Letters to the editor
Reducing Barriers to Breastfeeding
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Am Fam Physician. 2002 Apr 15;65(8):1522.
to the editor: I appreciate the emphasis made on the importance of initiating breastfeeding as early as possible during the neonatal period. The article “Initial Management of Breastfeeding”1 by Dr. Sinusas and Ms. Gagliardi addressed important issues regarding this topic. However, I think more emphasis should be made on various methods of prenatal interventions to increase breastfeeding rates and issues surrounding possible social and cultural barriers to initiating breastfeeding.
Results of studies2 show that women in the United States encounter a variety of barriers to breastfeeding, including lack of social support, inadequate prenatal education, and the media's portrayal of formula feeding as the norm. It is important to address these common barriers as early as possible in the prenatal period because this might positively affect a woman's decision to breastfeed.
The long-term success of breastfeeding is based on active initial postnatal interventions and active, multifaceted prenatal interventions that are started early in the prenatal period. This intervention should include ongoing one-on-one counseling by health care providers, written materials, videos on breastfeeding techniques, and support groups. These early prenatal and postnatal interventions are essential to the success of long-term breastfeeding.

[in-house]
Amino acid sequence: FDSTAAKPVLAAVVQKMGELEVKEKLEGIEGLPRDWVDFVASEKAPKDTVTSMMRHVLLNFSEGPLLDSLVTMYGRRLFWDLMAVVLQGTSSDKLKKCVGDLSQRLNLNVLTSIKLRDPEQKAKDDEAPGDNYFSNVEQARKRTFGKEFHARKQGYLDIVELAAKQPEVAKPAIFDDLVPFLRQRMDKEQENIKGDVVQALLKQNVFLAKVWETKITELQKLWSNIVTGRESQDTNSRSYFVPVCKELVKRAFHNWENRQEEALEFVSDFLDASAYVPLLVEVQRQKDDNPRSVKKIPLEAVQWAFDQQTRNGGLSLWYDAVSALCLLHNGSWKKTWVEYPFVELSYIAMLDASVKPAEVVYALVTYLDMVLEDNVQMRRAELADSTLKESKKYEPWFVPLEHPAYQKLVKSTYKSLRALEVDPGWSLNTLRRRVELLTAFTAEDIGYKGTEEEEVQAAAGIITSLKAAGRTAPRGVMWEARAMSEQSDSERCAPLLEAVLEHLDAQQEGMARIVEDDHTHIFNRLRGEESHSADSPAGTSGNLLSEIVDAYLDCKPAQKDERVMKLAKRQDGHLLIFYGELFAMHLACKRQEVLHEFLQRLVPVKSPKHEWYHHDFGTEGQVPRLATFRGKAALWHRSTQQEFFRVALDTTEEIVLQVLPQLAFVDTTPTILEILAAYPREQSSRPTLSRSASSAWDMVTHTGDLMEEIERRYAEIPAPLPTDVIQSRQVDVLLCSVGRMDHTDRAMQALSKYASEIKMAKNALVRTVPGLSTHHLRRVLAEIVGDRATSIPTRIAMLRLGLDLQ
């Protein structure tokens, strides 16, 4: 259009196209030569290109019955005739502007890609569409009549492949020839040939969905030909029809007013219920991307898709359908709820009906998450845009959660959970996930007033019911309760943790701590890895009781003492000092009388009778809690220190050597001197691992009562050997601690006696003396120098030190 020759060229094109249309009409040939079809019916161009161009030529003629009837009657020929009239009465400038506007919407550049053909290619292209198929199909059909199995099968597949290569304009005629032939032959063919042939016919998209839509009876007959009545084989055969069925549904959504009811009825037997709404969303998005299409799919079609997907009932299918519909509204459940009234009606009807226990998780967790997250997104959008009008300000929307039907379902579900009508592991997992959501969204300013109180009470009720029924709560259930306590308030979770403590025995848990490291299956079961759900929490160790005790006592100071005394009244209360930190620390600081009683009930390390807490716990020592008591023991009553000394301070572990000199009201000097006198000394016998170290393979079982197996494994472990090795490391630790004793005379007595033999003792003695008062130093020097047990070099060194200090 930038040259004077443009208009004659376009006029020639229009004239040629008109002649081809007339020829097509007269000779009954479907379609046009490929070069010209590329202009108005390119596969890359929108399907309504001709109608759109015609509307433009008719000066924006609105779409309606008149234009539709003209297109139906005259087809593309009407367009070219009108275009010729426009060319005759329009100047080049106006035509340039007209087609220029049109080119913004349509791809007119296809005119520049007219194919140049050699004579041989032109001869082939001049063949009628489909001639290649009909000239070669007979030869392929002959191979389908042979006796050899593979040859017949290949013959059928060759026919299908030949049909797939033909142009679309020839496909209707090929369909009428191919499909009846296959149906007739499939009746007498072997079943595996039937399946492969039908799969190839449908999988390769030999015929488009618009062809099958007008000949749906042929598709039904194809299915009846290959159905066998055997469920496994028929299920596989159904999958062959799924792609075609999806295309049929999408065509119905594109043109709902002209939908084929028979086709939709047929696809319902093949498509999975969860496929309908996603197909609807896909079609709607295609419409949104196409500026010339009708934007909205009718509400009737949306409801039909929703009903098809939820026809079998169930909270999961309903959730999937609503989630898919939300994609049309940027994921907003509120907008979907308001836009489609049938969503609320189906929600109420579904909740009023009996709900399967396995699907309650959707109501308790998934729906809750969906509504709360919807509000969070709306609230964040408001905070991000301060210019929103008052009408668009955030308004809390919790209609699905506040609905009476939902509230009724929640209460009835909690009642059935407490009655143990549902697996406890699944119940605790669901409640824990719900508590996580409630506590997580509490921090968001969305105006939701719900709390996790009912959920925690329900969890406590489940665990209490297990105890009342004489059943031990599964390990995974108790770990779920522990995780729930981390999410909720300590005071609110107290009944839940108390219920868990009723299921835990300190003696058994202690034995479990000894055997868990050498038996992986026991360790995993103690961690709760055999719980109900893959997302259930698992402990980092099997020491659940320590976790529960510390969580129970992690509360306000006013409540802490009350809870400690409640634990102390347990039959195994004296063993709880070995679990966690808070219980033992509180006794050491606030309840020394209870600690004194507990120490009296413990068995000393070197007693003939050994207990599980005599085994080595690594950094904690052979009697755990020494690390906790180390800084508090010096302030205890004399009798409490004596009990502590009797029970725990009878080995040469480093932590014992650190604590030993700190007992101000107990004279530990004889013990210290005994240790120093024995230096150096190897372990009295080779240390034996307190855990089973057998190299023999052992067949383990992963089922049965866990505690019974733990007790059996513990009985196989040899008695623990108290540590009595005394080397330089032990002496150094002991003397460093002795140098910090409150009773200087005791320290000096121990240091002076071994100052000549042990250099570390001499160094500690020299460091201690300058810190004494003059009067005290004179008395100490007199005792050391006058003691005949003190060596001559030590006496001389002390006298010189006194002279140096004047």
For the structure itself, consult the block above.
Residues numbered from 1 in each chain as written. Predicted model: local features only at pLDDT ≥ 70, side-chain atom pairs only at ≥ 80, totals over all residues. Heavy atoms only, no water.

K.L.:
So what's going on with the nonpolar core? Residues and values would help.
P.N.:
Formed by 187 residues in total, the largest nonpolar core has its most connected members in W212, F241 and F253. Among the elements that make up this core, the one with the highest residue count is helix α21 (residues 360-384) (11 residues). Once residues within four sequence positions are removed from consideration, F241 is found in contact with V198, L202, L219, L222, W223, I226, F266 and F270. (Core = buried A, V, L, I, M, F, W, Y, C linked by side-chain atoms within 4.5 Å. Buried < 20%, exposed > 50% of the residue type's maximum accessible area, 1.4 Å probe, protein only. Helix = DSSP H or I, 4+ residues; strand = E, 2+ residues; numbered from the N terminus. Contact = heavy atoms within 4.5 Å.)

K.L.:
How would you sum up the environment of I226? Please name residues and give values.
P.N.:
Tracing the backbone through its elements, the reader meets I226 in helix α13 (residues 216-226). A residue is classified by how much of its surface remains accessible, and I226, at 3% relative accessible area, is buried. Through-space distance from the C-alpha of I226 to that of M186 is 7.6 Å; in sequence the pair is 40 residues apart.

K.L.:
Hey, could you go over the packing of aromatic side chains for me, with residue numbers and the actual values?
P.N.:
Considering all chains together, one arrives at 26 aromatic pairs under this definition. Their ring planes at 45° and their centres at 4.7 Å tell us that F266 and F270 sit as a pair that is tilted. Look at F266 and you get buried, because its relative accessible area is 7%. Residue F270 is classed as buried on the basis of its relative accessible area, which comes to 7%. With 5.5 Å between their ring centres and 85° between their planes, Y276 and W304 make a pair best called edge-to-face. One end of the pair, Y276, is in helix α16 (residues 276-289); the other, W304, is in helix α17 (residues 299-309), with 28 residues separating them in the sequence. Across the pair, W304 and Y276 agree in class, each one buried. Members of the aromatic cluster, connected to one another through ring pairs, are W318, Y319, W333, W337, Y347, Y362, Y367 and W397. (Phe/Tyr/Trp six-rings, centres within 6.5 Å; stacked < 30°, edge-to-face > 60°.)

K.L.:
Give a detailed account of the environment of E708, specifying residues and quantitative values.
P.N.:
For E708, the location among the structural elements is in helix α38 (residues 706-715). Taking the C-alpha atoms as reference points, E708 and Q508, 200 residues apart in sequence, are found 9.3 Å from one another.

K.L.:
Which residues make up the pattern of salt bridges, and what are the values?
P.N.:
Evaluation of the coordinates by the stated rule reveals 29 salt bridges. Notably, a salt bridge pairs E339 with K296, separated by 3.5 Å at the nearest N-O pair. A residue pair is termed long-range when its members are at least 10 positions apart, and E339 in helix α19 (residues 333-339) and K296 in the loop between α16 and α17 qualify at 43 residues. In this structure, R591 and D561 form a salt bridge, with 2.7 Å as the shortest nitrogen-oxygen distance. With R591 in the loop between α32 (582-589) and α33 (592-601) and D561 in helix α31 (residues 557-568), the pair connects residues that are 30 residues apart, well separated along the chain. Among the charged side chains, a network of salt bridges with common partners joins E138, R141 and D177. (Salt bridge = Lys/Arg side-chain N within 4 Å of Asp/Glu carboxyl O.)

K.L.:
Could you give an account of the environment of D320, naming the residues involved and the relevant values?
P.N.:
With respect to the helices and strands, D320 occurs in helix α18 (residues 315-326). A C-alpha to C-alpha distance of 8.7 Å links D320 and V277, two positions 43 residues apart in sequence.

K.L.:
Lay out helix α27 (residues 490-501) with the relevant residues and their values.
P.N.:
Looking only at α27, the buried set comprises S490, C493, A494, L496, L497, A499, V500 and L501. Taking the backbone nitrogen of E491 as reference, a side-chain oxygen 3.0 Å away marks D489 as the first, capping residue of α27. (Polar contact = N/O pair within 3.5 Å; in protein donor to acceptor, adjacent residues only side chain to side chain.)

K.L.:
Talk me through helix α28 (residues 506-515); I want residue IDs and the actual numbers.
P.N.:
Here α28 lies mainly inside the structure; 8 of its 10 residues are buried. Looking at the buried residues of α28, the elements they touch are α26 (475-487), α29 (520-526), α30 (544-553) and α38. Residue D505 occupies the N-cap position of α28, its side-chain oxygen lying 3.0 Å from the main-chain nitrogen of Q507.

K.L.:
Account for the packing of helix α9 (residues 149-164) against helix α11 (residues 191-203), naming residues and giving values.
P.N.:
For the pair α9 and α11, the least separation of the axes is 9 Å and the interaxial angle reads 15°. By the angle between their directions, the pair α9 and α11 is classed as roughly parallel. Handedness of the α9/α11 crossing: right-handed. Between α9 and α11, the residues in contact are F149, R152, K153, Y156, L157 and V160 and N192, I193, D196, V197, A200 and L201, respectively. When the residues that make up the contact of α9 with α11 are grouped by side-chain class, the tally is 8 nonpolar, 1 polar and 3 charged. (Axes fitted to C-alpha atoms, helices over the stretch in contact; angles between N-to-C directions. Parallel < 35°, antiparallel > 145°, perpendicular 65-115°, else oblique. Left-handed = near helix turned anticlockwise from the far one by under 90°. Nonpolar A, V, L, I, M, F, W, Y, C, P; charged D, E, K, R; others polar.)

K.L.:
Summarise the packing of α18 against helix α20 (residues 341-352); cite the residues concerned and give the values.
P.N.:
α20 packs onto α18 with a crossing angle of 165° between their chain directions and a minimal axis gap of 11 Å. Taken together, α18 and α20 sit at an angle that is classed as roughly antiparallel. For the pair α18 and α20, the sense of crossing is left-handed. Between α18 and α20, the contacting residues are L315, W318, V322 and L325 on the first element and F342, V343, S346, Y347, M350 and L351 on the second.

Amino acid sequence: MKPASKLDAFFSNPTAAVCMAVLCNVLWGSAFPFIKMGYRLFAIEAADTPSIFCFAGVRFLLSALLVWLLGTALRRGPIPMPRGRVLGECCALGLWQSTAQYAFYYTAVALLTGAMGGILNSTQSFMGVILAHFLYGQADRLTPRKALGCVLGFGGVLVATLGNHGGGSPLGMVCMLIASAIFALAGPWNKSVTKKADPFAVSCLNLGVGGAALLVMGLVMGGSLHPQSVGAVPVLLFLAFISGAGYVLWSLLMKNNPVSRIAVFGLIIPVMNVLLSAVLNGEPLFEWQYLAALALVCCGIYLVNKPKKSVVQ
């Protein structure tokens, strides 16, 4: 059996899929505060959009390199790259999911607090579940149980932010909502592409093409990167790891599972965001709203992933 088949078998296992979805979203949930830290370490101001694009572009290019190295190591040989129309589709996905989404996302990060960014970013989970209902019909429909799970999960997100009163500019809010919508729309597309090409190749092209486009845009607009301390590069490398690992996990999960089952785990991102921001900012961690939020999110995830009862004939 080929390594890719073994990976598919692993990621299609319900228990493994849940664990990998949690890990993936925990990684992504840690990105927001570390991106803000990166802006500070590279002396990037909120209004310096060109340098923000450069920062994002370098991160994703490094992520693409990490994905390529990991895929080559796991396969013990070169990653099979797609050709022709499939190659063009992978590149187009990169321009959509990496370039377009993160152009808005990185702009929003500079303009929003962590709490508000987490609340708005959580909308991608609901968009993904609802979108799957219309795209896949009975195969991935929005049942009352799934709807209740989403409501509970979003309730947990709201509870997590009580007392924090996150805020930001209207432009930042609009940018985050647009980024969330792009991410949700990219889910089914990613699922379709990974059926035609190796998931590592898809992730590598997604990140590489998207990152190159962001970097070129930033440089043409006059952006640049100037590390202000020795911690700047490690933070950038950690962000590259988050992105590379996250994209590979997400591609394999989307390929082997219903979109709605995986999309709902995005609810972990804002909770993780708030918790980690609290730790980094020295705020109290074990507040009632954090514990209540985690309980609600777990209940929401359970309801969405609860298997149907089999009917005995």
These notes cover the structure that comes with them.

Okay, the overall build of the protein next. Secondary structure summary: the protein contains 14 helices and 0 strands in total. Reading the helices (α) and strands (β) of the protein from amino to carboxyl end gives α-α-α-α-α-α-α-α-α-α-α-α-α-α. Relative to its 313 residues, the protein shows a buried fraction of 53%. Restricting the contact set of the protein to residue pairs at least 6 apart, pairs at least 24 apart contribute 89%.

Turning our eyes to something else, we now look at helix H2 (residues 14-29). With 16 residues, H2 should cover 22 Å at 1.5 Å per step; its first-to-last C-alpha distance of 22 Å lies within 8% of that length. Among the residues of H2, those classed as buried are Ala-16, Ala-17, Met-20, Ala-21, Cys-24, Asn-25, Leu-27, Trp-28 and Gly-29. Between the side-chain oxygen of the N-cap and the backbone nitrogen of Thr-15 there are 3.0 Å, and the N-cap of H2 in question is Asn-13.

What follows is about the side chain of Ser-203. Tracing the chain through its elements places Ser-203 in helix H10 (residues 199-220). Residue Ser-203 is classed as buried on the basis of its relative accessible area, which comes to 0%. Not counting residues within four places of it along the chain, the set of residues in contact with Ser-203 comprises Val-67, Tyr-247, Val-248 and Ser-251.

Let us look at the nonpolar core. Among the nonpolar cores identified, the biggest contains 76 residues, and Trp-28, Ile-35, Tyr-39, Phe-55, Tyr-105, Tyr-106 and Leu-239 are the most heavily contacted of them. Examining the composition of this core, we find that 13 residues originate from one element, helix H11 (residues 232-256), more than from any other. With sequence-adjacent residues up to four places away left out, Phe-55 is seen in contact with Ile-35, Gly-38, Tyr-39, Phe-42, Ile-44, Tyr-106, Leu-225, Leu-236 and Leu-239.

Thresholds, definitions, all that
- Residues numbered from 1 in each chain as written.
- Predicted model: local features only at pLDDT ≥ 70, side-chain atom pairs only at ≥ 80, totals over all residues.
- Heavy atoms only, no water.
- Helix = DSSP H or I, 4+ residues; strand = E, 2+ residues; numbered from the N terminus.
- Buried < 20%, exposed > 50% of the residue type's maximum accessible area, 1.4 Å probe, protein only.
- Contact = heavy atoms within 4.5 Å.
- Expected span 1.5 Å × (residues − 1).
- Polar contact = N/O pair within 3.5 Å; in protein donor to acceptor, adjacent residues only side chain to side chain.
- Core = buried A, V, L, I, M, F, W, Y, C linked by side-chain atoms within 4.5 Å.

1. Sinusas K, Gagliardi A. Management of breastfeeding. Am Fam Physician. 2001;64:981–8.
2. Breastfeeding and the use of human milk. American Academy of Pediatrics. Work Group on Breastfeeding. Pediatrics. 1997;100:1035–9.
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Copyright © 2002 by the American Academy of Family Physicians.
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